Lathi Movie Review
Starring: Vishal, Sunaina, Prabhu, Ramana, Sunny PN
Director: A Vinoth Kumar
Producers: Ramana and Nandaa
Music Director: Yuvan Shankar Raja
Cinematography: Balasubramanian, Balakrishna Thota
Vishal Krishna Reddy (born August 29, 1977) is an Indian actor and producer who works primarily in Tamil films. Vishal, the son of film producer G. K. Reddy, is most known for his appearances in action films. Vishal Film Factory, his production firm, also produces films. Vishal received the Kalaimamani award for his contributions to Tamil cinema in 2006.
Vishal debuted in the film profession as Arjun's assistant director. He later became an actor, starring in the romantic thriller Chellamae (2004) before moving on to action films Sandakozhi, Thimiru, Thaamirabharani, and Malaikottai. Vishal decided to start his own production company, and he has since produced and worked on films such as Pandiya Naadu (2013), Naan Sigappu Manithan (2014), and Poojai (2014).
Sunaina is a model and actress from India. She is mostly known for her work in Tamil films, but she has also appeared in Telugu, Malayalam, and Kannada films. She made her Telugu cinema debut with Kumar Vs Kumari (2005) and her Tamil debut with Kadhalil Vizhunthen (2008).
Prabhu Manrayar Ganesamoorthy (born December 25, 1956) is an Indian actor, businessman, and film producer who primarily works in Tamil cinema. His father is famous actor Sivaji Ganesan. Ilaya Thilagam is his stage name. He has appeared in over 215 films as a lead or supporting actor in Tamil, Telugu, Malayalam, and Kannada.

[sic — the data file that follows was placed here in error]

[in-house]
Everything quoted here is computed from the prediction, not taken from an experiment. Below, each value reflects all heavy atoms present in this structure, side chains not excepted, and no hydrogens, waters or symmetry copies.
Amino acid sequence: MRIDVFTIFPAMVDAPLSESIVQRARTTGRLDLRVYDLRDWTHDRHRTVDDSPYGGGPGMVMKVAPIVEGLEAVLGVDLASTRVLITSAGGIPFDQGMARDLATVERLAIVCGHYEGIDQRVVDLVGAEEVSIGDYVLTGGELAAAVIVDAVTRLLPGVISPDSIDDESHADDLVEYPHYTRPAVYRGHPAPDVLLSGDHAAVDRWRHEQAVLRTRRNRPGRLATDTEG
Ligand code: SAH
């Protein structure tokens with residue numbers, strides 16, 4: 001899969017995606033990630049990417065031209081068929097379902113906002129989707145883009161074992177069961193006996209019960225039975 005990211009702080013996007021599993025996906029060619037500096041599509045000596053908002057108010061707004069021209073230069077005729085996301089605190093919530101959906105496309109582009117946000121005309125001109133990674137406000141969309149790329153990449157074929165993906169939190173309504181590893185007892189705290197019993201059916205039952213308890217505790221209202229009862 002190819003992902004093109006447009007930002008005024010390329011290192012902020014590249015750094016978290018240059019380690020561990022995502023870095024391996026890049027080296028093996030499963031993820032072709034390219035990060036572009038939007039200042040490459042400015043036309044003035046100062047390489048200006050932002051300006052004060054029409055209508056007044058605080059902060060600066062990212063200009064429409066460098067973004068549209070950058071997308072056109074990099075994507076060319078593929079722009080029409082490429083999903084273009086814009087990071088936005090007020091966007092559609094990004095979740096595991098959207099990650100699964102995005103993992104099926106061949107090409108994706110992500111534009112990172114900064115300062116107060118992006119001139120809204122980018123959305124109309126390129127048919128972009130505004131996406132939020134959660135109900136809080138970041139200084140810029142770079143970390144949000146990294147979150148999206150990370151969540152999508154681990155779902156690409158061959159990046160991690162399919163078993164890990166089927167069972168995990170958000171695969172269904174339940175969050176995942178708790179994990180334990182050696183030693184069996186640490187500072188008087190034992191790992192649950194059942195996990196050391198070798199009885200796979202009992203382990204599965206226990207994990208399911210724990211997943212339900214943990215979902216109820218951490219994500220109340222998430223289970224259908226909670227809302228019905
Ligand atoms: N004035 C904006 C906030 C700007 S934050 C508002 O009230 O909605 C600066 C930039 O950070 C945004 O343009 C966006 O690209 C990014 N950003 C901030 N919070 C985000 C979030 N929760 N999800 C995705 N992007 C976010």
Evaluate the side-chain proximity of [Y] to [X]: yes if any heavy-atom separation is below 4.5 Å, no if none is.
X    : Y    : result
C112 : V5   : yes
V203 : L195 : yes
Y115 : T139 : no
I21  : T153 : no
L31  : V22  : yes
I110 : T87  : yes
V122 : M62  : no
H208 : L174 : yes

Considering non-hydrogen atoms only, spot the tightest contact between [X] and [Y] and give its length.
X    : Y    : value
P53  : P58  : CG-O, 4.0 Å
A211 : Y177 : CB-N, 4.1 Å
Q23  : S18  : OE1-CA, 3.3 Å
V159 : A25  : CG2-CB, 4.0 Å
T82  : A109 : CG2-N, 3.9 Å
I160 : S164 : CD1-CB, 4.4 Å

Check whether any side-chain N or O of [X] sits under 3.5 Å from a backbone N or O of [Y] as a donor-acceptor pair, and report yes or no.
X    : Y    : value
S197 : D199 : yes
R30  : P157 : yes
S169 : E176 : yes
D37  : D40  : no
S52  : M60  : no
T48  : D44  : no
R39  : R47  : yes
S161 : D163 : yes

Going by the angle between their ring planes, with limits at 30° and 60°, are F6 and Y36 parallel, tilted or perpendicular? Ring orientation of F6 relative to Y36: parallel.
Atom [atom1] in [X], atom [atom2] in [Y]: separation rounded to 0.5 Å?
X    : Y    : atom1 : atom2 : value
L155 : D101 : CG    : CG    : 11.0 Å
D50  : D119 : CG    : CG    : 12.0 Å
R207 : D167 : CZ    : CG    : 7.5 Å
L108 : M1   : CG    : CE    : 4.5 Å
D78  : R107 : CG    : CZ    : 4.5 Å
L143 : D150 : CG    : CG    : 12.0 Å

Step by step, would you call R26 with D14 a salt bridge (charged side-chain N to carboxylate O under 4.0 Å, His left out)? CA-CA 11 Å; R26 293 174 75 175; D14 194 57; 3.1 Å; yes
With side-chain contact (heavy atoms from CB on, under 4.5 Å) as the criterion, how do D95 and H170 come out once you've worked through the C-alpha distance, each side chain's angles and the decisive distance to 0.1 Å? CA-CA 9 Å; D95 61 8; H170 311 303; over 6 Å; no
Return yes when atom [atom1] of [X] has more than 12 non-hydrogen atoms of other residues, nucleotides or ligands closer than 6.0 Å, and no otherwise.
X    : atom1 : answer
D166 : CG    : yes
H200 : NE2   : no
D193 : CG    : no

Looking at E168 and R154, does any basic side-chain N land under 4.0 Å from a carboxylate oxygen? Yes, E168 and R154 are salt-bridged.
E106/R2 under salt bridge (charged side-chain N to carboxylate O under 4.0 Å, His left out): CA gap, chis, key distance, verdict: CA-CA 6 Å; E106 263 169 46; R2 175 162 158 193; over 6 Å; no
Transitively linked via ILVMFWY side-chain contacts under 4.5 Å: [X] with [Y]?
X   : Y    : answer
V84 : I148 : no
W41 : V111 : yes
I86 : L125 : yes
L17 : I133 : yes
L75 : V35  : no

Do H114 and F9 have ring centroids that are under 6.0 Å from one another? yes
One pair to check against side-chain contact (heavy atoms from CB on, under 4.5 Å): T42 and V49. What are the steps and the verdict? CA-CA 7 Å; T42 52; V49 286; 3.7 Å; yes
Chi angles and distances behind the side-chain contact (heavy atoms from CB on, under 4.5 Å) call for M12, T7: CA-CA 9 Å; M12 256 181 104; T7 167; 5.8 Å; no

After making his debut in Sangili (1982), Prabhu went on to play a variety of starring and supporting roles, collecting the Tamil Nadu State Best Actor award for his performance in Chinna Thambi (1991).
Synopsis of the Movie
Muruganandam, a cop and laththi expert, finds himself in the crosshairs of a legendary gangster and his son. He had no idea that this would endanger his 10-year-old son's life.
Review of the Movie
It's not often that you get to watch a cop action drama that avoids the normal tropes associated with the genre. Vinoth Kumar, the film's director, has done his best to develop an intriguing screenplay with some interesting tensions sprinkled throughout. However, given the subject matter, the second half is a major letdown.
Laththi does not have a khaki-clad hero who drifts in motorcycles and vehicles. Instead, it depicts the lives of a lower-ranking police officer, a laththi expert, who is threatened by the son of a gangster.
Muruganandam (Vishal), a former laththi specialist and suspended constable, seeks the assistance of a higher official to be reinstated in his position. As everything appears to be OK, DIG Kamal (Prabhu), who assisted him in re-wearing Khakhi, demands that he torture an accused held in his unofficial custody.
He had no idea that the accused is none other than Vella (Ramana), the son of the most powerful criminal and kingpin Sura. Can Muruganandham and his 10-year-old son, who become imprisoned in an unfinished building, avoid the fury of the infamous gangsters?
Vishal's Laththi has its heart in the right place. The film begins off strong and occasionally surprises us by staging a couple sequences perfectly. However, as the film goes, the plot thins down, failing to provide us with the immersive experience that it could have easily provided.
One of the film's major flaws is the 45-minute stunt sequence in the second half. It's far too long and prevents us from empathising with the protagonist and his plight. Given Vishal's efforts, the scene in which he charges against hundreds of crooks in an unfinished structure is fantastic. But then there are a few overdramatic passages that make us forget about the actual writing that we saw in the first half.
Despite the fact that Prabhu's character only appears for a short time, his role is noteworthy. Vishal's performance is one of the film's key attractions. He's worked hard on his body language, especially for the constable role, and it's clear throughout.
The music and background soundtrack by Yuvan Shankar Raja do not help to heighten the film's emotions. Other technical aspects are satisfactory, and stunt sequences are choreographed realistically. Laththi delivers powerful strikes at times, but just a handful cause us to feel genuine anguish.